Falling hard.

I never wanted to be THAT Mom. The one who was sitting in the stands, auditorium or in this case, on the chairs right outside of the gym mats, feeling all the feels. I imagined feeling maybe two emotions, pride and joy, while my child was out there doing their thing. Turns out it is a lot more complicated than that. I never wanted to be the Mom who wanted it more for my kiddos then they did for themselves. Never wanted to feel anger at judges or referees because I have always believed I would be the Mom who knew it was all only a game, a meet, a recital and in the scheme of life it would be over and done with and we could go home and carry on, business as usual.

Last weekend that business got a little unsettling for me as I watched my daughter struggle. I was just that mom in the chair, texting friends, checking Facebook, online shopping, until it was my girl’s turn to shine.  (Don’t judge me, gymnastics meets are marathon events and I was solo, so I was being a good time manager.) Her first event was the vault, not her strongest and she had been having heel pain, making her sprint to the table more of a hop and hobble.  Without the speed she couldn’t propel her tiny self over therefore resulting in a less than desirable performance and lowest score ever.

I don’t share this as the mom who is pushing her eight-year-old to be gold medal material. She truly loves the sport of gymnastics and as her mother, I want her to pursue her heart’s desires, for as long as they are bringing her joy. I share this because it was at that moment that I felt it. She faltered on her landing and looked in my direction upon her salute, her Happy Harper self overshadowed by all the bling on her leotard. She looked sad. Then, I felt sad. Her second vault wasn’t any better and I could tell, that despite her cheery disposition, it was getting in her head. The meet continued, with all the flips and leaps, but there was something missing for her. She knew she hadn’t done what she was capable of, and her constant stare from the mats to my seat made me realize she knew that I was feeling for her. I had a hard time not crying, several times I made an exaggerated fake yawn as an explanation for my tears. The scores weren’t the source of the tears, the change in her attitude was.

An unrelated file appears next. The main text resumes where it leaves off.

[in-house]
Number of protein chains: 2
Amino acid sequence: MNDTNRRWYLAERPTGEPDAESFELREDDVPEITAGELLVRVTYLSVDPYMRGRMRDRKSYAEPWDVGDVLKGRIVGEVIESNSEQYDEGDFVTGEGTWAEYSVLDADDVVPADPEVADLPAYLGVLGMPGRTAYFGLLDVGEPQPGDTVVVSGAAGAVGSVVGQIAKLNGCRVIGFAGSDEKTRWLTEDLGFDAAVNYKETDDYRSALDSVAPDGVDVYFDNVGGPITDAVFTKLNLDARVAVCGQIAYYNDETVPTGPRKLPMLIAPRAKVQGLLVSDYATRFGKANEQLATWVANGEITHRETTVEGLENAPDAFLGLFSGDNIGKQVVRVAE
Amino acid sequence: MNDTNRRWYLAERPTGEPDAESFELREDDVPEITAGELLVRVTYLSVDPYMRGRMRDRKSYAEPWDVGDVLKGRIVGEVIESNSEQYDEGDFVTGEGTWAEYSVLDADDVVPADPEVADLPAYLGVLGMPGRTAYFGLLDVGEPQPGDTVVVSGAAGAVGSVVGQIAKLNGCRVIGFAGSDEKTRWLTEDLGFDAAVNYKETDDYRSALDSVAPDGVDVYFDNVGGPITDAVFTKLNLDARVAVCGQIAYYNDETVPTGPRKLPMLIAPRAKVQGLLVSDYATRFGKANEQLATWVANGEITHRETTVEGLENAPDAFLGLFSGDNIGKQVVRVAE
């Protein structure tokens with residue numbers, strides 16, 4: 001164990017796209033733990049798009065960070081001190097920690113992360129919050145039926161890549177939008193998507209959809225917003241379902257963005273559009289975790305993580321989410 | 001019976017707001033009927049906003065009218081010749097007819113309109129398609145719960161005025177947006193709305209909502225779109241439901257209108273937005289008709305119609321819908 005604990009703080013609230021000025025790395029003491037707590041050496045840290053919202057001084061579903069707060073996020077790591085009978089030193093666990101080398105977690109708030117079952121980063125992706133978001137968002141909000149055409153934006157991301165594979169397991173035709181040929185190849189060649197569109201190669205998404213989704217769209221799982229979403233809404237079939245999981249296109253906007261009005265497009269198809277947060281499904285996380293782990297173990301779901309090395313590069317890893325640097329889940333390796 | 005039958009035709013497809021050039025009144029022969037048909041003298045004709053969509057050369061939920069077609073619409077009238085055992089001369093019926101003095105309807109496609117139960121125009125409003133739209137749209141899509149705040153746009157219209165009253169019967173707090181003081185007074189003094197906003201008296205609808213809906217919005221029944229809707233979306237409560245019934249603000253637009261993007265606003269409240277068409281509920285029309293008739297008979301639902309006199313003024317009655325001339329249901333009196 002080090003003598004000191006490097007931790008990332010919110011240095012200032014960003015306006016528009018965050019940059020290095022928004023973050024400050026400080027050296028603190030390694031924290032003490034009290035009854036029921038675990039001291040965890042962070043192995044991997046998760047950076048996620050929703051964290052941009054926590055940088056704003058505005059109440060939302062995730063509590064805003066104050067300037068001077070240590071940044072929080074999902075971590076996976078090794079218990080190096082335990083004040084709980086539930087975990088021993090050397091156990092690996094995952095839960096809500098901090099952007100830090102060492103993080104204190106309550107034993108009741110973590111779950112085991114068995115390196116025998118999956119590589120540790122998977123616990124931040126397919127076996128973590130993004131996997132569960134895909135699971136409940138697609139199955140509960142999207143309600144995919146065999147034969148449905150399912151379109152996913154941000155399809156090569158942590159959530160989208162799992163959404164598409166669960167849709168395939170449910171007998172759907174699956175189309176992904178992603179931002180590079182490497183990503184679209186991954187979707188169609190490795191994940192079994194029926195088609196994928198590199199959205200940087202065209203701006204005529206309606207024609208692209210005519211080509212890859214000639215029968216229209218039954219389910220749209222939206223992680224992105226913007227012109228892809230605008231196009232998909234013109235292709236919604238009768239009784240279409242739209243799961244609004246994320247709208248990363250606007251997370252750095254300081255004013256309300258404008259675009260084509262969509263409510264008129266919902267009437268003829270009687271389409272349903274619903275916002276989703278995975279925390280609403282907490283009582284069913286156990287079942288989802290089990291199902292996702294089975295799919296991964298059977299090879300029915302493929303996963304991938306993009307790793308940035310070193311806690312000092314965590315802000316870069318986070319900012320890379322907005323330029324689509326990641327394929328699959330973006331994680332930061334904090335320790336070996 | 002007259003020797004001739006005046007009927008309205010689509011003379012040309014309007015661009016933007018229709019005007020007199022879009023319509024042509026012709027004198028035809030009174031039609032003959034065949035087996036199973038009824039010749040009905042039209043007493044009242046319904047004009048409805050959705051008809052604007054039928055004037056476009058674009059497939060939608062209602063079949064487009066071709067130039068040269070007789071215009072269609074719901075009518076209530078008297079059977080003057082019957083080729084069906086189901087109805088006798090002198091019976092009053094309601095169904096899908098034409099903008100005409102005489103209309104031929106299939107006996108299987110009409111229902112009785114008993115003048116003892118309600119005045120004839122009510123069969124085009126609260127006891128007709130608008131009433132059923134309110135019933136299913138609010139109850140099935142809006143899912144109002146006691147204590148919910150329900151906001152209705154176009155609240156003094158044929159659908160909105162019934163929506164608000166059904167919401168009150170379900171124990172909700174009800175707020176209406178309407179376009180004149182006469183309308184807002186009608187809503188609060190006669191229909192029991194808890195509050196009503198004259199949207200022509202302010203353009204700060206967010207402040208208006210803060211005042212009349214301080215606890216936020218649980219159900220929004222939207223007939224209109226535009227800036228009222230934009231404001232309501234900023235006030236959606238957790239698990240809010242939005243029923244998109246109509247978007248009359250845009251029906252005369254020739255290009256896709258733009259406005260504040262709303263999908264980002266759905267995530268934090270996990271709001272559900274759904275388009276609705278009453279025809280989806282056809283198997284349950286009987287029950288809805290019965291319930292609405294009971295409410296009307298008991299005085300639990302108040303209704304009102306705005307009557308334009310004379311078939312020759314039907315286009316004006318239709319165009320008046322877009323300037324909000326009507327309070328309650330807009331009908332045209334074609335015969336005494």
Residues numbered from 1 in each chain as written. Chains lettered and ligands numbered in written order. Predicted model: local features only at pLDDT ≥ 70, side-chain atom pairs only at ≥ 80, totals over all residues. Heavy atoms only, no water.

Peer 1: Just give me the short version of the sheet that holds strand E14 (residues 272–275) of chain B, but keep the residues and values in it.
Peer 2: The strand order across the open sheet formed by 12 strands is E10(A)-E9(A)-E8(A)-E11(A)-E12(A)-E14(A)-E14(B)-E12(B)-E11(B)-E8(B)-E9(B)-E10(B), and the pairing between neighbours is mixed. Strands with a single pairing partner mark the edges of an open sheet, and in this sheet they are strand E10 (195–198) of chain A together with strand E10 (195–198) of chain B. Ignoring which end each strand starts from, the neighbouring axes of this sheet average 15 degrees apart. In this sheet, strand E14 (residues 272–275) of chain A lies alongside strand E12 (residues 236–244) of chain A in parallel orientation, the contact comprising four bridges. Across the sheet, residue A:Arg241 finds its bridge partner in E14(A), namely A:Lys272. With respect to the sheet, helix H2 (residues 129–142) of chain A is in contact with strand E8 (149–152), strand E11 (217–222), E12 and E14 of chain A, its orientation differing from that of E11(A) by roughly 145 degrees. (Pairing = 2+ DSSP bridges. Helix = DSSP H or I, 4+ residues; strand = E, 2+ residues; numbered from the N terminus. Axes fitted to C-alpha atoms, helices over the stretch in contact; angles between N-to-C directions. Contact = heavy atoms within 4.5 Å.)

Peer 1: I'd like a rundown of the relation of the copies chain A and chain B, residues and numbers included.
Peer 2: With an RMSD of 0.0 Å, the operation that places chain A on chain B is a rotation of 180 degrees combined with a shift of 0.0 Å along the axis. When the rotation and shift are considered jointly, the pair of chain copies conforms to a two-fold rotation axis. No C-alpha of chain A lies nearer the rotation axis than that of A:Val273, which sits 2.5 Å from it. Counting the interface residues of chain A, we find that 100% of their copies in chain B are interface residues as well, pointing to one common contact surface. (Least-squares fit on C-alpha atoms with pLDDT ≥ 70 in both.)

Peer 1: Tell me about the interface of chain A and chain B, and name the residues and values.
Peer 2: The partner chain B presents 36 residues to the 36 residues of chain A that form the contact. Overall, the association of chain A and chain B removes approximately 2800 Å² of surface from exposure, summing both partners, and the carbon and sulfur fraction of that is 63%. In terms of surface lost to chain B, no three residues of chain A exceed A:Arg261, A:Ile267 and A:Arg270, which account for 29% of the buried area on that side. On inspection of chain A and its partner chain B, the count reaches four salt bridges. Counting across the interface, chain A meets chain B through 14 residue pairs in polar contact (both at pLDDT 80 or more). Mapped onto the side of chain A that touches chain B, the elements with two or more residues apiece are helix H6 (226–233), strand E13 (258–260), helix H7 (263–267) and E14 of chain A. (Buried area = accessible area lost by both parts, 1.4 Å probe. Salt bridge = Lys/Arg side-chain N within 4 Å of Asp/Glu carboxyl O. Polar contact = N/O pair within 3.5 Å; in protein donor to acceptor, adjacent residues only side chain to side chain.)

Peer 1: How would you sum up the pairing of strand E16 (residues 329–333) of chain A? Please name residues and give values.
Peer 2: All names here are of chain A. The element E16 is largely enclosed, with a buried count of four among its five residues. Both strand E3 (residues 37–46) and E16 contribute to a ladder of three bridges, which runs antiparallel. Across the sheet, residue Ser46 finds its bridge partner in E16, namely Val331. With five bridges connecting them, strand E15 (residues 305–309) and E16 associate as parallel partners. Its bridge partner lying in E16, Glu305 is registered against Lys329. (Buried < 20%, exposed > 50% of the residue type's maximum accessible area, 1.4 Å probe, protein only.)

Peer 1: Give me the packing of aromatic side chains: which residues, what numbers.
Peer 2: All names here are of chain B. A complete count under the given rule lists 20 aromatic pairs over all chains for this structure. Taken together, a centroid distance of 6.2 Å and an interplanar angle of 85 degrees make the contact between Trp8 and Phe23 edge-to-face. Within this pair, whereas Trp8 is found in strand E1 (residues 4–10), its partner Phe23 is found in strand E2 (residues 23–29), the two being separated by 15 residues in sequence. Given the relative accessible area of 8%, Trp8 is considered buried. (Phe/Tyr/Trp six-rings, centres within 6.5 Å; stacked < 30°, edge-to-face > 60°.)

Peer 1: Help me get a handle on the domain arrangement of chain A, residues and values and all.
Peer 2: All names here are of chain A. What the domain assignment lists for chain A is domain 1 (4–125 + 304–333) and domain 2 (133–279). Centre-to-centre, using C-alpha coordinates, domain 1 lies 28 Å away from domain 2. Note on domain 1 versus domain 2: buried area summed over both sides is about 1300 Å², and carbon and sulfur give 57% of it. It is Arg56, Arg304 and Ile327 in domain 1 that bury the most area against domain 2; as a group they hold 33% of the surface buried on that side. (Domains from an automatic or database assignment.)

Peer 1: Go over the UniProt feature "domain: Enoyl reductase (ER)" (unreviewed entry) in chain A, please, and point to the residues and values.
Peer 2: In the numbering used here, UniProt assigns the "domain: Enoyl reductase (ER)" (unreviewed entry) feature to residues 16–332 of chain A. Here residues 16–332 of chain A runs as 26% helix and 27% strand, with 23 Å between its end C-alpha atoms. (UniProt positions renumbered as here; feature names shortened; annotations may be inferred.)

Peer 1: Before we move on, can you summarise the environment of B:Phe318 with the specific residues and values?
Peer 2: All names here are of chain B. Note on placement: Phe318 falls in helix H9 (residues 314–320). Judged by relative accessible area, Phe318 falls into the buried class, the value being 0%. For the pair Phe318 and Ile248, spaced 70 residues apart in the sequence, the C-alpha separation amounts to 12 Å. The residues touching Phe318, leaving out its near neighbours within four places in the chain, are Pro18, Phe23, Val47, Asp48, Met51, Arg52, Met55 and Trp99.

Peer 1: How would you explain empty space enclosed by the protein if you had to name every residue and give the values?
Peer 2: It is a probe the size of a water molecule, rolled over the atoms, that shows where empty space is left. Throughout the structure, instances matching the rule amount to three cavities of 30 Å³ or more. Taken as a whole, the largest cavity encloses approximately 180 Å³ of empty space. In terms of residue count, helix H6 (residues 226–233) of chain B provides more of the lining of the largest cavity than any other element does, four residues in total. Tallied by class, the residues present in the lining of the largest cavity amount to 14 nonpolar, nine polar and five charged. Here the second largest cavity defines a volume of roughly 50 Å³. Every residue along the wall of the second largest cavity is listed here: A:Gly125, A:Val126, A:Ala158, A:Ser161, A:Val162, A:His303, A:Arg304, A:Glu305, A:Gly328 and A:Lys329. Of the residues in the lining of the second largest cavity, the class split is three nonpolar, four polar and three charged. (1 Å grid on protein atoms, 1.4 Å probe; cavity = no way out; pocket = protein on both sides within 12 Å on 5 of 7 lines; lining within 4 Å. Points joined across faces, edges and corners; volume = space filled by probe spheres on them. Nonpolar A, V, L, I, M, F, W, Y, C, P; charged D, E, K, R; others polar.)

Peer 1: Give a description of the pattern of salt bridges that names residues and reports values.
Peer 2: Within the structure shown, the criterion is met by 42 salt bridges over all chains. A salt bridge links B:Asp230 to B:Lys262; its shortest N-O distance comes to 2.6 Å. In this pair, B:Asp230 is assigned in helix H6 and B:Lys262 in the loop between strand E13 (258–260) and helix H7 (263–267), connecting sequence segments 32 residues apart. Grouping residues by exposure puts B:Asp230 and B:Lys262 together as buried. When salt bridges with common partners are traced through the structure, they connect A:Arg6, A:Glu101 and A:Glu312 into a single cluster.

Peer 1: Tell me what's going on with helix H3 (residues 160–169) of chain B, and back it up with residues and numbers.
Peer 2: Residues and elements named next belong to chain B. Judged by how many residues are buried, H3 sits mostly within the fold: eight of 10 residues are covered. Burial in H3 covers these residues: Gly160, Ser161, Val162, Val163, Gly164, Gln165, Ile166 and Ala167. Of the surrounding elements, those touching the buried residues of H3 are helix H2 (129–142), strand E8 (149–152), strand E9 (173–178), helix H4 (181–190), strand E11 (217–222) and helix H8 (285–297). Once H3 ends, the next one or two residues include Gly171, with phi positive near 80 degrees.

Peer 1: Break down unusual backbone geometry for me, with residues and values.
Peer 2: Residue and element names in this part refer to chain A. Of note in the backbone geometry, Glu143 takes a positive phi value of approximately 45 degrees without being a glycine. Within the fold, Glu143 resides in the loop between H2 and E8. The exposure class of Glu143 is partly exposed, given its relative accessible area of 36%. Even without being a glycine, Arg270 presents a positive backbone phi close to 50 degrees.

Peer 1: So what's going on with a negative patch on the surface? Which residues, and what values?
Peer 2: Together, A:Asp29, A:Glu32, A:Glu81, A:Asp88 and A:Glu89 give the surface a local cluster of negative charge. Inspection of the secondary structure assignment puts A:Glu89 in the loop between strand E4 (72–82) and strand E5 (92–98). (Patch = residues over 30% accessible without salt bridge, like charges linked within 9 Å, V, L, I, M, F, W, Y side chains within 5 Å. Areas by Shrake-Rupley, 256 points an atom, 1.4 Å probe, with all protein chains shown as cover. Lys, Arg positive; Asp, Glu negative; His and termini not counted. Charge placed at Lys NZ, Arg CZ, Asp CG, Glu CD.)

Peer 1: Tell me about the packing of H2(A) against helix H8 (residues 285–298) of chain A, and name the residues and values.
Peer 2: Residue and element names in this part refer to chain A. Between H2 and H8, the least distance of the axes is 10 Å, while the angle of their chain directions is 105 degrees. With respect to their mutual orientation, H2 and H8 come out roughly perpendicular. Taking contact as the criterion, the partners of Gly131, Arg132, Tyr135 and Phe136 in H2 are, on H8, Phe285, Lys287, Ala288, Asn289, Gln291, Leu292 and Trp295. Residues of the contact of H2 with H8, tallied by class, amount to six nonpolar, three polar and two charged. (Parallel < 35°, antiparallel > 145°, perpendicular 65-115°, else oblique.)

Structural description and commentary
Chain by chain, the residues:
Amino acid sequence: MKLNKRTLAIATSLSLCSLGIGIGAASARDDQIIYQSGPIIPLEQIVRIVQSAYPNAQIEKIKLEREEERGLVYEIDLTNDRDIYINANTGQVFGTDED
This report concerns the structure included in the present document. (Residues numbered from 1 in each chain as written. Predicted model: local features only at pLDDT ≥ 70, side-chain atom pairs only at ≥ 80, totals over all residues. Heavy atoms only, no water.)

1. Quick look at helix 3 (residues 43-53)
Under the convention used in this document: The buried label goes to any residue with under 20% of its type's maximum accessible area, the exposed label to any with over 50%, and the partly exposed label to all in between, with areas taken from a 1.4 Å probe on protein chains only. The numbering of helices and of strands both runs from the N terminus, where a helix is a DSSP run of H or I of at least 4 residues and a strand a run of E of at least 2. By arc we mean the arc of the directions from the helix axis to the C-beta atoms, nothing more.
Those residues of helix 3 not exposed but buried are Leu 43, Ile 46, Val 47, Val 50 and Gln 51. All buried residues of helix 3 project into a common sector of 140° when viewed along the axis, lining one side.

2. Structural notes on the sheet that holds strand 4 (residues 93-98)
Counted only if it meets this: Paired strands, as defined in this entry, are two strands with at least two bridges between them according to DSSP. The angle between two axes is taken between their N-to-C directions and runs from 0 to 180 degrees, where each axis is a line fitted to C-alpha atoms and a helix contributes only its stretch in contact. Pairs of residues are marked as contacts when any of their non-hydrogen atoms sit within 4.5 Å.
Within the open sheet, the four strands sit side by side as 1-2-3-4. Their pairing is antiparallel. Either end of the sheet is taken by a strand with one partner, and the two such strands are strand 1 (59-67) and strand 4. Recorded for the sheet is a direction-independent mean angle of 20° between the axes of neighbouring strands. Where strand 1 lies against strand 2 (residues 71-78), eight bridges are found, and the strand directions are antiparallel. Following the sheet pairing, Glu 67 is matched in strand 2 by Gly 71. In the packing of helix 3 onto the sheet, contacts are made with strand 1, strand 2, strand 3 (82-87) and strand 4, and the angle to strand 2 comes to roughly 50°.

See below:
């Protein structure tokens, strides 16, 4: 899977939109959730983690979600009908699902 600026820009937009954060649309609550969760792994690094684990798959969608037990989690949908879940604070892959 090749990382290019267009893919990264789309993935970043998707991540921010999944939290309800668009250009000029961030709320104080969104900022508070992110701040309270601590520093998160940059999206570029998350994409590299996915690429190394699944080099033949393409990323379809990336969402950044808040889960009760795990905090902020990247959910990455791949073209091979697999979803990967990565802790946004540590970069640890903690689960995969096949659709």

You see, with the recent move came a new gym, with new girls, new parents, new leo colors. It’s all different, more difficult and more competitive. For the first time in a sporting event, as a parent, I felt all the feels. I had the urge to run out there and hug her and tell her that this wasn’t going to make or break her, that this was just one meet and she would learn from this and move forward. In that same moment I also felt a strange sense of disappointment. Not IN her, but FOR her. For the beating up of herself she was doing, for the newness that was swallowing her whole. A sense of regret and doubt. An unsettling wonder, was this too much pushing, was this a good fit? All of the feels washed over me like a hot flash.

After several hours of this heaviness, it was over. Thankfully, this child is the most elastic of them all, not just literally, but her bounce back is a thing of champions. She took her medal for 7th place in Floor Exercise and her “everyone gets one for participating” trophy with grace. She congratulated team mates who had done wonderfully, complimenting their performance and clanging adornments. When we got in the car, she simply said, “I don’t even know why I got this stuff. I was dead last in my age group. That’s nothing to make you feel good. Plus this trophy looks like a poop emoji. Can we just eat and go Christmas shopping now?” I hugged her, hard, accidentally inhaling some of the glitter that was in her hair, handed her the sandwich I had packed  and asked where she wanted to go.